August 31, 2013

Thanks for the great conference, FGS

It’s been a week since I returned from the 2013 Federation of Genealogical Societies Conference at the Grand Wayne Convention Center in Fort Wayne, Indiana, and I’m still buoyed by the energy of the conference and trying to absorb what I learned. Although I didn’t have time to write daily capsules, I want to say thank you to the FGS planners, presenters, and exhibitors for a very successful conference. Here are some of the highlights of the week (in no particular order) for me:

Methodology lectures—the FGS schedule was loaded with lectures on intermediate and advanced genealogical methodology, and I tried to take full advantage of the offerings. I attended all of the presentations by Elizabeth Shown Mills, CG, CGL, FASG, FNGS, FUGA, and Thomas W. Jones, PhD, CG, CGL, FASG, FUGA, FNGS. They were fantastic, as expected, and gave me much to think about. Now that I’m home, I want to refine my hastily-taken notes, burn the information into my brain, and apply the concepts to my own research.

Resource lectures—I learned about researching orphaned, surrendered, and adopted children from Jeanne L. Bloom, CG; finding and using records in upstate New York from Karen Mauer Green, CG, FGBS; and interpreting English parish registers from Paul Milner. These, too, were excellent, and I can see immediate applications with the families I’m working on. There were a number of other presentations I wanted to attend but couldn’t due to schedule overlaps—a quandary at any good conference. Hopefully, I’ll be receiving the recordings I ordered soon.

Exhibit Hall treasures—the spacious exhibit hall was filled with booksellers, vendors, and representatives from societies, companies, and organizations aimed at the family history market. The Bureau of Land Management printed out land patent certificates from their website on parchment paper, with official seals. I now have heirloom quality certificates for three of my ancestors who bought land from the federal government. How cool is that? I enjoyed talking with FamilyTreeMagazine, the New England Historical and GenealogicalSociety, and Gary Clark of I scored color historic maps from Michiana History Publications, bargain used books from the Ohio Genealogical Society, and new ones from Maia’s Books and Family Roots Publishing. The tote bag FGS gave registrants came in pretty handy for getting everything out to the car at the end of the week.

exhibit hall FGS2013 conference

Association of Professional Genealogists luncheon—my bet is that no one in the sold-out APG luncheon audience will ever forget the clever presentation by John Philip Colletta, PhD. His phantom Power Point slides will be legendary for years to come. We’re talking laugh-so-hard-you-cry, standing ovation here. Who said genealogists don’t have a sense of humor?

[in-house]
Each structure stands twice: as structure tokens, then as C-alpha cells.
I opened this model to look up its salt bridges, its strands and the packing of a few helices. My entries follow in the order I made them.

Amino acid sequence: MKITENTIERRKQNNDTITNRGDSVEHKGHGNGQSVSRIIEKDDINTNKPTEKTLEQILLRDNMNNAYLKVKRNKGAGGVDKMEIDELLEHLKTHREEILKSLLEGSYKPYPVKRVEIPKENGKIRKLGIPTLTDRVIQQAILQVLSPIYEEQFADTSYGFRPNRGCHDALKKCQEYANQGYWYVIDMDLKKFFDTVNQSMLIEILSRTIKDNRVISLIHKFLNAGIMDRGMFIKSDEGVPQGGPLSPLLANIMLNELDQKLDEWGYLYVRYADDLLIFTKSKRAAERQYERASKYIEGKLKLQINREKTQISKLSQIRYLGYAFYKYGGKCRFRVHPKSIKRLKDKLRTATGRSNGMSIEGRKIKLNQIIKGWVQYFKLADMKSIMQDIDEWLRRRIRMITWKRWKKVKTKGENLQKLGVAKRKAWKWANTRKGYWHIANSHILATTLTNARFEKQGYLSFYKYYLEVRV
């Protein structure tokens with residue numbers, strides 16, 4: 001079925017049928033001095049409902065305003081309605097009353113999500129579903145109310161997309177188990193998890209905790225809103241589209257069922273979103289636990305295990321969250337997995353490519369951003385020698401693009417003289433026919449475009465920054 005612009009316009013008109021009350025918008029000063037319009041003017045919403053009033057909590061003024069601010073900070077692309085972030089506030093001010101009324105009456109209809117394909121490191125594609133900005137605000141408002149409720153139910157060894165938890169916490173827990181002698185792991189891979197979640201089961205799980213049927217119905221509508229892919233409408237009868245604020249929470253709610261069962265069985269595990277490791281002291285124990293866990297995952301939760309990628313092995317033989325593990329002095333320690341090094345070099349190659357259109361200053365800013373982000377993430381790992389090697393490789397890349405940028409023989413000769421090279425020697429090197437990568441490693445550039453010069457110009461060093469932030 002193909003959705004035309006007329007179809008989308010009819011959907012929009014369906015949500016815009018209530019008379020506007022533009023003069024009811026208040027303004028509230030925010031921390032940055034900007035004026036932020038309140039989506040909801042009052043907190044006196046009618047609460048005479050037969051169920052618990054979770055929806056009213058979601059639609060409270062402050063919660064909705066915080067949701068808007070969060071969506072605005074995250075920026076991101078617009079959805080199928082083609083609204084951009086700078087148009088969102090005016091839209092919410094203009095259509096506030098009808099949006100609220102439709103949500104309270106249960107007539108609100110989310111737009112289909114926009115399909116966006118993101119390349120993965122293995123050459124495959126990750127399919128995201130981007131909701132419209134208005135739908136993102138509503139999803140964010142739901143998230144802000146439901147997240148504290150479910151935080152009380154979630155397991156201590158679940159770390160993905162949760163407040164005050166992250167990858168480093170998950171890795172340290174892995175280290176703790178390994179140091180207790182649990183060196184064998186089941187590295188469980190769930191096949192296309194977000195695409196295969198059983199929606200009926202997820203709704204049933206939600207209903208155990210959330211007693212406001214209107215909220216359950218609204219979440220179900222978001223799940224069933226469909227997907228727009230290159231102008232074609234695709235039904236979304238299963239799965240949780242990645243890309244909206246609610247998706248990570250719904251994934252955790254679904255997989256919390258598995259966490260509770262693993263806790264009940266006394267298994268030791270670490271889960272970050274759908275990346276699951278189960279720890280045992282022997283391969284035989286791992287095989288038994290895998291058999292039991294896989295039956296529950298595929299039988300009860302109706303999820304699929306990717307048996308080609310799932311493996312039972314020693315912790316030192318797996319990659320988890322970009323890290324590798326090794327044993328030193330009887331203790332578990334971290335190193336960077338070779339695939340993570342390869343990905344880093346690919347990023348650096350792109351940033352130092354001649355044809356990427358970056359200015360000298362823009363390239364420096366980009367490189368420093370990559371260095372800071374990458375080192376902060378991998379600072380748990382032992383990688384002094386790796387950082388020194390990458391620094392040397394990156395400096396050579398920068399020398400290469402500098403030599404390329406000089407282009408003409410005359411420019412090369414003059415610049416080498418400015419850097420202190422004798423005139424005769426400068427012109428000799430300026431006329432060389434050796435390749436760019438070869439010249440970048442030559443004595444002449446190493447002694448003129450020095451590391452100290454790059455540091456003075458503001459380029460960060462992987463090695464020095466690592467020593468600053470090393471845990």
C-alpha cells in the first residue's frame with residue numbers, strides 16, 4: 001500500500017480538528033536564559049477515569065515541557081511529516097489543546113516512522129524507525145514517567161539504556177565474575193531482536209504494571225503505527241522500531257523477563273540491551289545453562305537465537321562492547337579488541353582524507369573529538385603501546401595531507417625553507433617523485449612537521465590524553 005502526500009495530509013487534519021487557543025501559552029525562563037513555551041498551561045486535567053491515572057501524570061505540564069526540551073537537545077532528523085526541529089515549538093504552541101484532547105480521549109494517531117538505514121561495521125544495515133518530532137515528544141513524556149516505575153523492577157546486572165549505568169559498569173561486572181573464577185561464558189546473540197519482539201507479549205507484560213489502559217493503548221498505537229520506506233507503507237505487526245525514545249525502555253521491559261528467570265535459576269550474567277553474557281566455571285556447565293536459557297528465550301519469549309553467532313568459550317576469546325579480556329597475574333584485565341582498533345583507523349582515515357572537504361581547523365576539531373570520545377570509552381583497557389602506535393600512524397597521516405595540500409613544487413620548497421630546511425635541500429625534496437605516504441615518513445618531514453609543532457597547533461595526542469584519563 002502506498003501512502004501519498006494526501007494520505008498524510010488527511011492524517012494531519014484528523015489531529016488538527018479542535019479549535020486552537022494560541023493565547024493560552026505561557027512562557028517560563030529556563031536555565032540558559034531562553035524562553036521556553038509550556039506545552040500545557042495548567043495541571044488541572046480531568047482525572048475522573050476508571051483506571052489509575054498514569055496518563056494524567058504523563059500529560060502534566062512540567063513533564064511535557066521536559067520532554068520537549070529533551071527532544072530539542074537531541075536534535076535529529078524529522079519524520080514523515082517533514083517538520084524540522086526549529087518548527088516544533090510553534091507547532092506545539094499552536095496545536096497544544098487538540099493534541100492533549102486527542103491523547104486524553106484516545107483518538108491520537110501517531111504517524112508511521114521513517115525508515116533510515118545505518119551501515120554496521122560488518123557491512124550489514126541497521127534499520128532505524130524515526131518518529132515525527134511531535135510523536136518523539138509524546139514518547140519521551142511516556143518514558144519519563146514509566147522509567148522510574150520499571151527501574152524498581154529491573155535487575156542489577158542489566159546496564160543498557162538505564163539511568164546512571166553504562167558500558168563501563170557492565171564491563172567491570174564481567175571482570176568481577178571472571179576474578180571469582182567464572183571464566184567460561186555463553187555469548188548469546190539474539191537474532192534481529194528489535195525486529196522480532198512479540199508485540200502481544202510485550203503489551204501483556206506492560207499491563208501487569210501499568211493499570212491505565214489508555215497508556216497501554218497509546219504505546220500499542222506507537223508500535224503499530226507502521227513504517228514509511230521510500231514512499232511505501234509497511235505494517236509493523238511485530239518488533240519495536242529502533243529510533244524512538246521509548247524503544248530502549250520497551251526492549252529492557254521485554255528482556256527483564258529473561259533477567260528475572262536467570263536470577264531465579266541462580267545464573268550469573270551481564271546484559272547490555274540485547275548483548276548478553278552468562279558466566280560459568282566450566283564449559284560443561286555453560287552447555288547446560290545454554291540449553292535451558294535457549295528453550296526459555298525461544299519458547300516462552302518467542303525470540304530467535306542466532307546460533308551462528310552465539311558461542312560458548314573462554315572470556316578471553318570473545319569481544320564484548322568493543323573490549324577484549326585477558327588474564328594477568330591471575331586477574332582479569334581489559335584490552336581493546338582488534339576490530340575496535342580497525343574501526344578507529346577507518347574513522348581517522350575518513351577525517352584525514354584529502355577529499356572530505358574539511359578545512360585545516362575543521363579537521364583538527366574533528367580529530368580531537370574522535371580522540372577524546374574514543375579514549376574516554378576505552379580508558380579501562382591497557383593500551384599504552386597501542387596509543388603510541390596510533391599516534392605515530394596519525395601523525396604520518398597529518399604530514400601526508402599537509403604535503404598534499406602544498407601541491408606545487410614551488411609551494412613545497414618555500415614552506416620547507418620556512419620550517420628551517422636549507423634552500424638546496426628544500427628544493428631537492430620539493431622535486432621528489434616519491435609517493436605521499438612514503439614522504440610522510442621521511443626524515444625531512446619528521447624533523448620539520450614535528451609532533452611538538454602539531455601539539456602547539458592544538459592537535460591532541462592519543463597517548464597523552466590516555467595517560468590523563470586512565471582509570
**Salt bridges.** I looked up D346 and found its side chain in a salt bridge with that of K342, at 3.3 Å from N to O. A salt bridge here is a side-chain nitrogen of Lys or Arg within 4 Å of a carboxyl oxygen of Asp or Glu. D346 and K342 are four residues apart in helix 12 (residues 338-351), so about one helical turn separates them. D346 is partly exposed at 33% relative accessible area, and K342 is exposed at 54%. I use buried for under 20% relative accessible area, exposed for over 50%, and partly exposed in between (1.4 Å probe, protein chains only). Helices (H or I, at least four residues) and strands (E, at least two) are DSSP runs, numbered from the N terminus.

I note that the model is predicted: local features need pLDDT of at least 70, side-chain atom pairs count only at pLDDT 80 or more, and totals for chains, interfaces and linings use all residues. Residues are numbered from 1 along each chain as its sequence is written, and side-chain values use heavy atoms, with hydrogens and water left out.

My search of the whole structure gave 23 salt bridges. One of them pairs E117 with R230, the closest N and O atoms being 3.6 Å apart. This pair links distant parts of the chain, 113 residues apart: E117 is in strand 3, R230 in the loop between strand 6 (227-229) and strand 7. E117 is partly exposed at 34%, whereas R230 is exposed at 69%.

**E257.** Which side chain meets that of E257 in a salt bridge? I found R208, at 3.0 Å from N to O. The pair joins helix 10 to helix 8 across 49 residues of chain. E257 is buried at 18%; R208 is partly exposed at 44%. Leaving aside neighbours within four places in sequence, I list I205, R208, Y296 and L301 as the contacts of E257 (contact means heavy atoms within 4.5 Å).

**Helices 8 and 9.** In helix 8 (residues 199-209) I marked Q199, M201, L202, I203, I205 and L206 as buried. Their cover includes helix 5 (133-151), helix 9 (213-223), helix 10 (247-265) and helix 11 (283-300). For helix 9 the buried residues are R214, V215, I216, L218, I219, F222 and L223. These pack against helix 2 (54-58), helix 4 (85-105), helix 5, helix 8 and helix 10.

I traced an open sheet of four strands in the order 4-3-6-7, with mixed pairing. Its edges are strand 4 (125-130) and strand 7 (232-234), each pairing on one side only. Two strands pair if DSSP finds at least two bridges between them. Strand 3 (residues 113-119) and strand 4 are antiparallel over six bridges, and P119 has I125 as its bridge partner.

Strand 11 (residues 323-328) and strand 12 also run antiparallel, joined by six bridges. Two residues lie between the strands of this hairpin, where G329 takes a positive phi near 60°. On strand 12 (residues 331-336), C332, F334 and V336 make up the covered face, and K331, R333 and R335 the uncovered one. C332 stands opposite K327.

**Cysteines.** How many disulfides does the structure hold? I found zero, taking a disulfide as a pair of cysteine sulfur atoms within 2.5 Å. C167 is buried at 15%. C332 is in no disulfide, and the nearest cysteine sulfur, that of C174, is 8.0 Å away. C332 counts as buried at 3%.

Late night research party at ACPL—with the help of some tasty vegan cookies and pastries, entertainment from a Civil War-era dance group, and dozens of hardy (or crazy?) researchers, the Genealogy Center at the Allen County Public Library rocked on Friday night. I didn’t quite make it to the midnight hour, but almost. ACPL put out the red carpet for conference attendees all week, adding a dynamic dimension to the overall experience. 

Denise Levenick (aka The Family Curator) and yours truly, late night at ACPL

Diane Loosie
FamilySearch blogger dinner—I enjoyed hearing about all the up-and-coming developments at FamilySearch, including their prototype Family Discovery Centers with oral recording studios. I met the new director of the Family History Library, Diane Loosie, who has plans for collaborative work stations and more. Paul Nauta demonstrated enhancements to their online Family Tree and told us that the 2014 Roots Tech conference will be broadcast in 600 satellite locations around the world. Wow!

Talking and visiting with friends, old and new—a genealogy conference offers a chance to “talk shop” with others who share a passion for family history. From each other, we pick up stories, ideas, and strategies. I’ve met a number of people at conferences that I now consider good friends. We talk, laugh, offer support, and have a good time. Since genealogy is usually a solitary pursuit, it’s nice to have a chance to get together.

On Saturday afternoon, D. Joshua Taylor announced that donors to the War of 1812 Preserve the Pensions fund, together with matching pledges from FGS and, had raised over $92,000 at the conference. This money will go toward digitizing War of 1812 pension files at the National Archives. The images will be made available free of charge on indefinitely. Now that’s a win-win situation.

Congratulations to the team of hard-working volunteers who made this year’s FGS Conference such an enjoyable and productive one. Fort Wayne was a delight to visit. Well done!



  1. Shelley, it was a great time at FGS. I'm just now beginning to come back down to earth!

    1. I know exactly what you mean, Connie. It was great meeting you!

  2. Thanks, Shelley, I love this sort of post that gives an insight into events that one is unable to attend.

    1. So glad to know you enjoyed it, Jill. I hope one day we can meet each other, even though we live half a world apart. Thanks for reading!


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